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Mayor makes special visit to help ease young boy's pandemic anxiety

A few weeks ago Cam Guthrie created the COVID-19 Community Hero certificate to recognize those who have gone out of their way during the pandemic
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Jonathan Leader holds the certificate the mayor delivered to him. Submitted photo

He was convinced it was illegal to leave the house.  

The thought of stepping outside for a walk was not a good idea during a global pandemic for Jonathan Leader. 

Staying inside and self-isolating was exactly what the 10-year-old boy from Guelph knew he had to do, and he was planning to stick to it.  

But Leader’s mother, Katherine Donnelly-Carder, thought she would take the matter into her own hands to try and help relieve some of the anxiety her son was feeling about COVID-19. 

“I emailed the mayor and asked if he could send Jonathan an e-mail or a message, just to let him know that it was okay to go for a walk, as long as people kept their distance,” Donnelly-Carder said. 

“I was hoping for an email or a letter. Just something Jonathan could see to let him know that it’s okay, that it’s safe.”

Guelph Mayor Cam Guthrie took it one step further and decided to pay Jonathan a personal visit to his home and presented Leader with a special certificate recognizing him as a “COVID 19-Community Hero.” 

“I’ve always liked meeting people and if I can meet them personally during these times, even from a distance, then I do. Tone of voice is absent from an email. Saying thanks is always better in person,” Guthrie said. 

After asking Donnelly-Carder for her address, the doorbell rang soon after.

“We decided to keep it a surprise and asked Jonathan to get the mail,” she said. 

Little did he know Mayor Guthrie was at the door, certificate in hand.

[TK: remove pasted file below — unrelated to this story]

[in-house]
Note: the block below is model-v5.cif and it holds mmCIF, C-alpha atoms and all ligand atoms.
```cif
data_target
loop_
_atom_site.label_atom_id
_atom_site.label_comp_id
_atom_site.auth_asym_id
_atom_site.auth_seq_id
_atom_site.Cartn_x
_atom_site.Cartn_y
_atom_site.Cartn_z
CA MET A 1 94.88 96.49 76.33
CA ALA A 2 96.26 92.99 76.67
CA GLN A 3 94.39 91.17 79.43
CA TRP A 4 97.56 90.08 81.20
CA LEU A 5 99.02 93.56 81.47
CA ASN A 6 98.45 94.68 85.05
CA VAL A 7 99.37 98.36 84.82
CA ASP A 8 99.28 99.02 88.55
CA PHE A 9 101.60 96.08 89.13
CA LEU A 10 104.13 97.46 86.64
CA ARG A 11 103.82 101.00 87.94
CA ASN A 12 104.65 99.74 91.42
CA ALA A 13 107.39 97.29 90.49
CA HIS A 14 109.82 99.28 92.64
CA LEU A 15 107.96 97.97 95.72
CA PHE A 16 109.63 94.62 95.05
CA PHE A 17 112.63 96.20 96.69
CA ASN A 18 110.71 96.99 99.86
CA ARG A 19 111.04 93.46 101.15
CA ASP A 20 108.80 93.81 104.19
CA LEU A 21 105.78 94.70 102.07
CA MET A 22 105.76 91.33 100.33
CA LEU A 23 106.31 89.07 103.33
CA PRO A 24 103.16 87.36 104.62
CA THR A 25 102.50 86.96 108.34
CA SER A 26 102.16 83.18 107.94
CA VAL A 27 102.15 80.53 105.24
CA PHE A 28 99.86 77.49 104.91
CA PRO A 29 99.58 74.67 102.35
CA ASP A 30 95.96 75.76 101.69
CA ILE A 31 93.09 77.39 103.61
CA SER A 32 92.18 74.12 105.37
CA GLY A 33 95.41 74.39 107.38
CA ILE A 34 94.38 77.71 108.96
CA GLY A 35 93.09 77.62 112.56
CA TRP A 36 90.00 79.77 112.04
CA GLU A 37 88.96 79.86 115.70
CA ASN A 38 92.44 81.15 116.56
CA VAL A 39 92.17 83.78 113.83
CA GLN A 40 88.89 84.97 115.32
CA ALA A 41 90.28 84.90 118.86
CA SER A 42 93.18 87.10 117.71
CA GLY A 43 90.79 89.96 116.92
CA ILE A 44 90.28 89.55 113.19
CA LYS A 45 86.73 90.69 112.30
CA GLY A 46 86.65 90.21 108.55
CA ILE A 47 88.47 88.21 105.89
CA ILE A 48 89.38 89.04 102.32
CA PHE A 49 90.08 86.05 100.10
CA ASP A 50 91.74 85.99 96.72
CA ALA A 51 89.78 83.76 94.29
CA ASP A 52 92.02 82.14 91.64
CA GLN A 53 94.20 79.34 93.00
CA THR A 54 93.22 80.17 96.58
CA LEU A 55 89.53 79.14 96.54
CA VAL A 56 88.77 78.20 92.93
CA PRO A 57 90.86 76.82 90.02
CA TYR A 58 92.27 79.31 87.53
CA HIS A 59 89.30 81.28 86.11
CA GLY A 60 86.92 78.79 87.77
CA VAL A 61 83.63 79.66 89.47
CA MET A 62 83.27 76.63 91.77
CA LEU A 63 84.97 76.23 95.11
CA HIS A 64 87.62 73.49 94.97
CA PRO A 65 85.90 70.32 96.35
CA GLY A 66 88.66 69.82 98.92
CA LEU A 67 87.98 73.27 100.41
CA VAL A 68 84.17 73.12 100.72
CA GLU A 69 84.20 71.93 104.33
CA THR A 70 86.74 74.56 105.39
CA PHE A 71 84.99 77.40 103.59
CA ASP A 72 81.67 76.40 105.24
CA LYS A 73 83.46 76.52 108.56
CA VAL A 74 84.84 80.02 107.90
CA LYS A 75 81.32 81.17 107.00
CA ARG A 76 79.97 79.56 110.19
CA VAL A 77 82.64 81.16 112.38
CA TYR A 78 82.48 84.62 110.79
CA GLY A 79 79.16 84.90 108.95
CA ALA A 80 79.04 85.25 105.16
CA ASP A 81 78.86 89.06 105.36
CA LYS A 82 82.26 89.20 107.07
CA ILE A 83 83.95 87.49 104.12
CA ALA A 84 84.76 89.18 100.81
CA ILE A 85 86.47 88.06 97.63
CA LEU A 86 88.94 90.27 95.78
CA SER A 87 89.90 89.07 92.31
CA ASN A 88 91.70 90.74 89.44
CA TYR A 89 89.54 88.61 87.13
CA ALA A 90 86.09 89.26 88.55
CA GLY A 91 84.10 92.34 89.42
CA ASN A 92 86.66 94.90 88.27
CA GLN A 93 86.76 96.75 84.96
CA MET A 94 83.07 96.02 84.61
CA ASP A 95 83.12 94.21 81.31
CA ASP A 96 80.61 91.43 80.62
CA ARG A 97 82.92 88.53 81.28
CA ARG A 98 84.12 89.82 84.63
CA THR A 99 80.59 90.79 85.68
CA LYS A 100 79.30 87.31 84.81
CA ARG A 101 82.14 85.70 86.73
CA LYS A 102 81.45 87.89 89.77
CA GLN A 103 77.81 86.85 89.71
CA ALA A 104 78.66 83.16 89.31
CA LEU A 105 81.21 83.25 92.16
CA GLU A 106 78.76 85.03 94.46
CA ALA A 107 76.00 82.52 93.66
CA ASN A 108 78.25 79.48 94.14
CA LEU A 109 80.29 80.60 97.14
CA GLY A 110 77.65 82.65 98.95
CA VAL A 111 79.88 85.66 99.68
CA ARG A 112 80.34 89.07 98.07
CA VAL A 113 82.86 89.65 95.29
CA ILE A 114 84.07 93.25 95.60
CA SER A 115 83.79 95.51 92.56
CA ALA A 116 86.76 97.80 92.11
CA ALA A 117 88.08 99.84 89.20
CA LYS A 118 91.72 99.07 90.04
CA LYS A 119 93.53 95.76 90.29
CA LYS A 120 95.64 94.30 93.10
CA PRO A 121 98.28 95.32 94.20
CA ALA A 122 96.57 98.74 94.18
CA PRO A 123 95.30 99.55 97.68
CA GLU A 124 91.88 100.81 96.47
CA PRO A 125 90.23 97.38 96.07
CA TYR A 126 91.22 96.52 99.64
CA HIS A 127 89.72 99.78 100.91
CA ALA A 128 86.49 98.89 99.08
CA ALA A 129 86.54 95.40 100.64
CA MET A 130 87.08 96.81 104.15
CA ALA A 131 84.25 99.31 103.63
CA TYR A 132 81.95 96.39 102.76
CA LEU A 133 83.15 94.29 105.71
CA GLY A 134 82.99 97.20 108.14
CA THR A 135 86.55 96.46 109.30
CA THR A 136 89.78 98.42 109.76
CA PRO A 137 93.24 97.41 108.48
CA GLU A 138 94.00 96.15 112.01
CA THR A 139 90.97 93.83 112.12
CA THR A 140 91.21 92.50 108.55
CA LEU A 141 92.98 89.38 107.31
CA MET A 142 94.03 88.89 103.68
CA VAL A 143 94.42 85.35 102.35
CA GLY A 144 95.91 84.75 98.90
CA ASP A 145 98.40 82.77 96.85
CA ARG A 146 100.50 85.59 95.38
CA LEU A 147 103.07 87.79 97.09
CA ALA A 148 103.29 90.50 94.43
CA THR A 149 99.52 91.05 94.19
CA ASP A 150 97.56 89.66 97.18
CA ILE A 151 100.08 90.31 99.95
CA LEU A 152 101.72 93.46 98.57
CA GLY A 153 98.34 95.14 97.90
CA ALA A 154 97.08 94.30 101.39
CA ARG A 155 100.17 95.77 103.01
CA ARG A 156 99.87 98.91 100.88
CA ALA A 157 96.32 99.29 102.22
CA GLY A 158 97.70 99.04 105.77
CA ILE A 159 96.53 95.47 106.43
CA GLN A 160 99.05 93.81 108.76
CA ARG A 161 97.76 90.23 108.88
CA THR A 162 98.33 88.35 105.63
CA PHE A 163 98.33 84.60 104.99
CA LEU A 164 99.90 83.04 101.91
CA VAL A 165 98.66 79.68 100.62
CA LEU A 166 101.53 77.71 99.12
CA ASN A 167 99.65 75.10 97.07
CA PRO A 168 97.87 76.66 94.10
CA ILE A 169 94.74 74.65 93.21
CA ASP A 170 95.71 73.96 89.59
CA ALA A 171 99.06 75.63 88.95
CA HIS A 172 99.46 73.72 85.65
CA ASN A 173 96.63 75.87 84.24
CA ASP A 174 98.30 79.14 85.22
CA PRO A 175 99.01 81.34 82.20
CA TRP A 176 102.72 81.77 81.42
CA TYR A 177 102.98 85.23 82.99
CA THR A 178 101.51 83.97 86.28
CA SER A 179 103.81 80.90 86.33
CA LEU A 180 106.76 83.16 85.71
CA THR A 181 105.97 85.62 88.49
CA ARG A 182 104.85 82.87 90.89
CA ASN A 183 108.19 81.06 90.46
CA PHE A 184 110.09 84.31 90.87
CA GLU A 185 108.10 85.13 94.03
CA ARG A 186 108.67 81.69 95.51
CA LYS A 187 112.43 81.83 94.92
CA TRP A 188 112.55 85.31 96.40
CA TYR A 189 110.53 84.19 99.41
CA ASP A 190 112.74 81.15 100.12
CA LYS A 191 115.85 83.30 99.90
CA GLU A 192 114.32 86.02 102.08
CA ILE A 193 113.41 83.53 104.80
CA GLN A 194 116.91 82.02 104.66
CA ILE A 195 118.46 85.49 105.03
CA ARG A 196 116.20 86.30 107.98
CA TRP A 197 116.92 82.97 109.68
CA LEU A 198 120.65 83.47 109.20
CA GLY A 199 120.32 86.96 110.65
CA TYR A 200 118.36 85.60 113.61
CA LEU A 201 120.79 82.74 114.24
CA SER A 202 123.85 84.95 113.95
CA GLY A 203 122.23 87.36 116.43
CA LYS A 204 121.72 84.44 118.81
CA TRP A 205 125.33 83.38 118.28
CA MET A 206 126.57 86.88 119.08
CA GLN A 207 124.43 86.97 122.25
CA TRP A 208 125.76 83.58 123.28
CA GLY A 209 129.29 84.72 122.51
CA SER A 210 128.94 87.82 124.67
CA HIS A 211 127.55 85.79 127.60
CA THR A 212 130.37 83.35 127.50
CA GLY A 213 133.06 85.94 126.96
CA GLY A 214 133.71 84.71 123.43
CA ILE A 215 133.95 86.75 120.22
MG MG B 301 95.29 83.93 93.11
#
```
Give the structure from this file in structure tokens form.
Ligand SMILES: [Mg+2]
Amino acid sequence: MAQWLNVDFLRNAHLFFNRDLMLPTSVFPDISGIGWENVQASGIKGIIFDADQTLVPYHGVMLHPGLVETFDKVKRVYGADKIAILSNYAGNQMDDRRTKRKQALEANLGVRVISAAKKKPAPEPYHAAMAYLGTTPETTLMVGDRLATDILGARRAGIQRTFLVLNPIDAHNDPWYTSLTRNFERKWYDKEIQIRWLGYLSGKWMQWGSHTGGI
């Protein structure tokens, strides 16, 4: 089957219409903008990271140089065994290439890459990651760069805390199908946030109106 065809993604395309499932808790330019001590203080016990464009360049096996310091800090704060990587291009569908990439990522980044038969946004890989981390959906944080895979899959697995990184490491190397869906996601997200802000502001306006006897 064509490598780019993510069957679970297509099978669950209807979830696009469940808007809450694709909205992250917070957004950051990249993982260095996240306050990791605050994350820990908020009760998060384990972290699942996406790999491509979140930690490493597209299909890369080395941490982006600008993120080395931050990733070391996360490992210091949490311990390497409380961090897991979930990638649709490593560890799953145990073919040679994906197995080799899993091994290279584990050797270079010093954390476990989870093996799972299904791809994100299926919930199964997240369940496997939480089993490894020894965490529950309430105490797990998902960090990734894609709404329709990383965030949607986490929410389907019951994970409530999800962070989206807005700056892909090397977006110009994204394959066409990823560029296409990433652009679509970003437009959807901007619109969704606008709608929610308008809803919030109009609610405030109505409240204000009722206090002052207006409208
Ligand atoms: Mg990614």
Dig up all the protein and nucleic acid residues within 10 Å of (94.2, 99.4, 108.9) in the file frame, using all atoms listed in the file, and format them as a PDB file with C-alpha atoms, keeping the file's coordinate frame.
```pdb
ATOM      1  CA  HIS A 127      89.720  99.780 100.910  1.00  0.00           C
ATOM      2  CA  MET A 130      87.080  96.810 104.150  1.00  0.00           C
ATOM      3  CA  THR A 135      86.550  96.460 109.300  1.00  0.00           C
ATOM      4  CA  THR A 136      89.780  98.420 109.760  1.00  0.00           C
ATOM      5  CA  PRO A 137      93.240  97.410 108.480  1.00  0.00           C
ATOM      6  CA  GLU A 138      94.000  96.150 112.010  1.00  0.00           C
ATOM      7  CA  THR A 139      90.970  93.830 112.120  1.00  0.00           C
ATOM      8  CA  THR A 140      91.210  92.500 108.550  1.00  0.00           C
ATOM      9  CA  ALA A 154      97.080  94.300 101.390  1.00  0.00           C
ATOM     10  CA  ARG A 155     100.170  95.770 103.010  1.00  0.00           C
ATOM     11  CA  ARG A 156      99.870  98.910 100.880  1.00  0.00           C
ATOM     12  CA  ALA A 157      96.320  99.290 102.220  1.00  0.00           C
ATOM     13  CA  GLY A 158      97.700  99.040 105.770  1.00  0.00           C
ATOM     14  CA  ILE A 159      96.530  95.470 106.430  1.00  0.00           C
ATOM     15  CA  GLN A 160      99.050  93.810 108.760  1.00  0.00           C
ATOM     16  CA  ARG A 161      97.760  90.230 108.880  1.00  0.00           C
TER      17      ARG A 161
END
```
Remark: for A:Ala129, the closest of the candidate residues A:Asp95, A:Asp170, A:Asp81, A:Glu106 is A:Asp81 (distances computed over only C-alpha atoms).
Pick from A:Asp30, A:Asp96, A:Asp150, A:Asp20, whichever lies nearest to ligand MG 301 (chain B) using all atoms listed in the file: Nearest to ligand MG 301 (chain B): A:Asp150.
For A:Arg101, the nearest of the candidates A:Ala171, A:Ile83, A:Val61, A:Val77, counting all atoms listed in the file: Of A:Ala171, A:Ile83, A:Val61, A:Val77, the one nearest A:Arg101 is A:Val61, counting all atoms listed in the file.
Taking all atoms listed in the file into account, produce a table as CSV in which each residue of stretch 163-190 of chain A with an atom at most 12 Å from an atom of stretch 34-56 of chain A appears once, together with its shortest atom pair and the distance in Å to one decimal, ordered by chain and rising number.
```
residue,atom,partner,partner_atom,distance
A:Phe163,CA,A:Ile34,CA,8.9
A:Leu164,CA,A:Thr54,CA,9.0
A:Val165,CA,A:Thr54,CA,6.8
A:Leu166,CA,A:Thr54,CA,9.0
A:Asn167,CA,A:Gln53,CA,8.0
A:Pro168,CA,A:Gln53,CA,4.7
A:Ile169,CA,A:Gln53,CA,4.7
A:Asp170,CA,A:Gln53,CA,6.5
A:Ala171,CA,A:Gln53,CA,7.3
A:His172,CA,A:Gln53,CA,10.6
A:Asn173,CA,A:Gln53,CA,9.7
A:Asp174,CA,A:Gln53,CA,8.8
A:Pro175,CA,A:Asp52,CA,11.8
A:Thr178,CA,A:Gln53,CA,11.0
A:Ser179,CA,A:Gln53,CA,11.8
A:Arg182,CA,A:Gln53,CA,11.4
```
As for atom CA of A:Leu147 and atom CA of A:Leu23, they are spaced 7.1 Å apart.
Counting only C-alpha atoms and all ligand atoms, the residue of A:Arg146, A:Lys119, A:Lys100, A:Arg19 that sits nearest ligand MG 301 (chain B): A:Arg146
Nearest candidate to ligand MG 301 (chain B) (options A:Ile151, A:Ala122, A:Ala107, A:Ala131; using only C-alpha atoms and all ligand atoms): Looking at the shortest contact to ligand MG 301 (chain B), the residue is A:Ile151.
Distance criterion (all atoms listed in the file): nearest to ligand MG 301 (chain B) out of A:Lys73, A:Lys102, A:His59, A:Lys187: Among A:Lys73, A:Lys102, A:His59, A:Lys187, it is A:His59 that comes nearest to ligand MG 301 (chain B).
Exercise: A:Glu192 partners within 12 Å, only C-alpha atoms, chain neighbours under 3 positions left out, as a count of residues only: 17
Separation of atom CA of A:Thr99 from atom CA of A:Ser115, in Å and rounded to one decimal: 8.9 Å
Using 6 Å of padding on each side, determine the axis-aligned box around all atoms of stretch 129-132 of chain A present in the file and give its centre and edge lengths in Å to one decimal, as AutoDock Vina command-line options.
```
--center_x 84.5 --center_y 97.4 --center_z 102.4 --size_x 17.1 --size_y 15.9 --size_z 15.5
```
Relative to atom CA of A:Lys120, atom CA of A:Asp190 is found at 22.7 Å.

“I was surprised, and he kept his distance,” Leader said. “He told me it was okay to go for a walk and play in the backyard, just not in anyone else’s.”

Guthrie was happy to help relieve some of the anxiety. 

“I wanted him to know that he can still go for a walk but as long as he keeps his distance from everyone else,” he said. 

“And I really wanted to get to know him too, so we talked about a fossil that he found in his backyard, what he likes to do and about school.”

Leader is a Grade 5 student at Ottawa Crescent Public School who enjoys math and gym. He says that during quarantine, he’s been busy on his computer at home, painting rocks and he even came up with a treasure hunt. 

A few weeks ago, Guthrie says he created the COVID-19 Community Hero certificate to recognize those who have gone out of their way during the pandemic. 

“I’ve handed out about 8 to 10 so far. We’ve gone to young people who made artwork on a sidewalk, entrepreneurs who have helped support local businesses and three young children who made signs for frontline workers,” Guthrie said. 

“When Jonathan’s mom contacted me, I thought here is someone who is really wanting to follow the rules and so much so, that he was worried about going for a walk. Here is a young boy who needs to be recognized for adhering to the rules and for taking it seriously.” 

Leader’s seven-year-old brother Jacob was also excited to receive a visit from the mayor. Both were delighted to display a new #guelphproud button from the mayor.  

“They stood on the driveway, six feet apart, and chatted for a bit, alleviating Jonathan’s concerns,” Donnelly-Carder said. 

“Jonathan is so proud of his certificate.” 

Leader says he feels much better since the visit with the mayor and he keeps the certificate in his bedroom. 

Donnelly-Carder is grateful to the mayor for making her son’s day.

“We haven’t had any issues since. It’s funny how something like that can instantly change someone,” she said. 

“And it’s been so nice to finally get out for a walk.”



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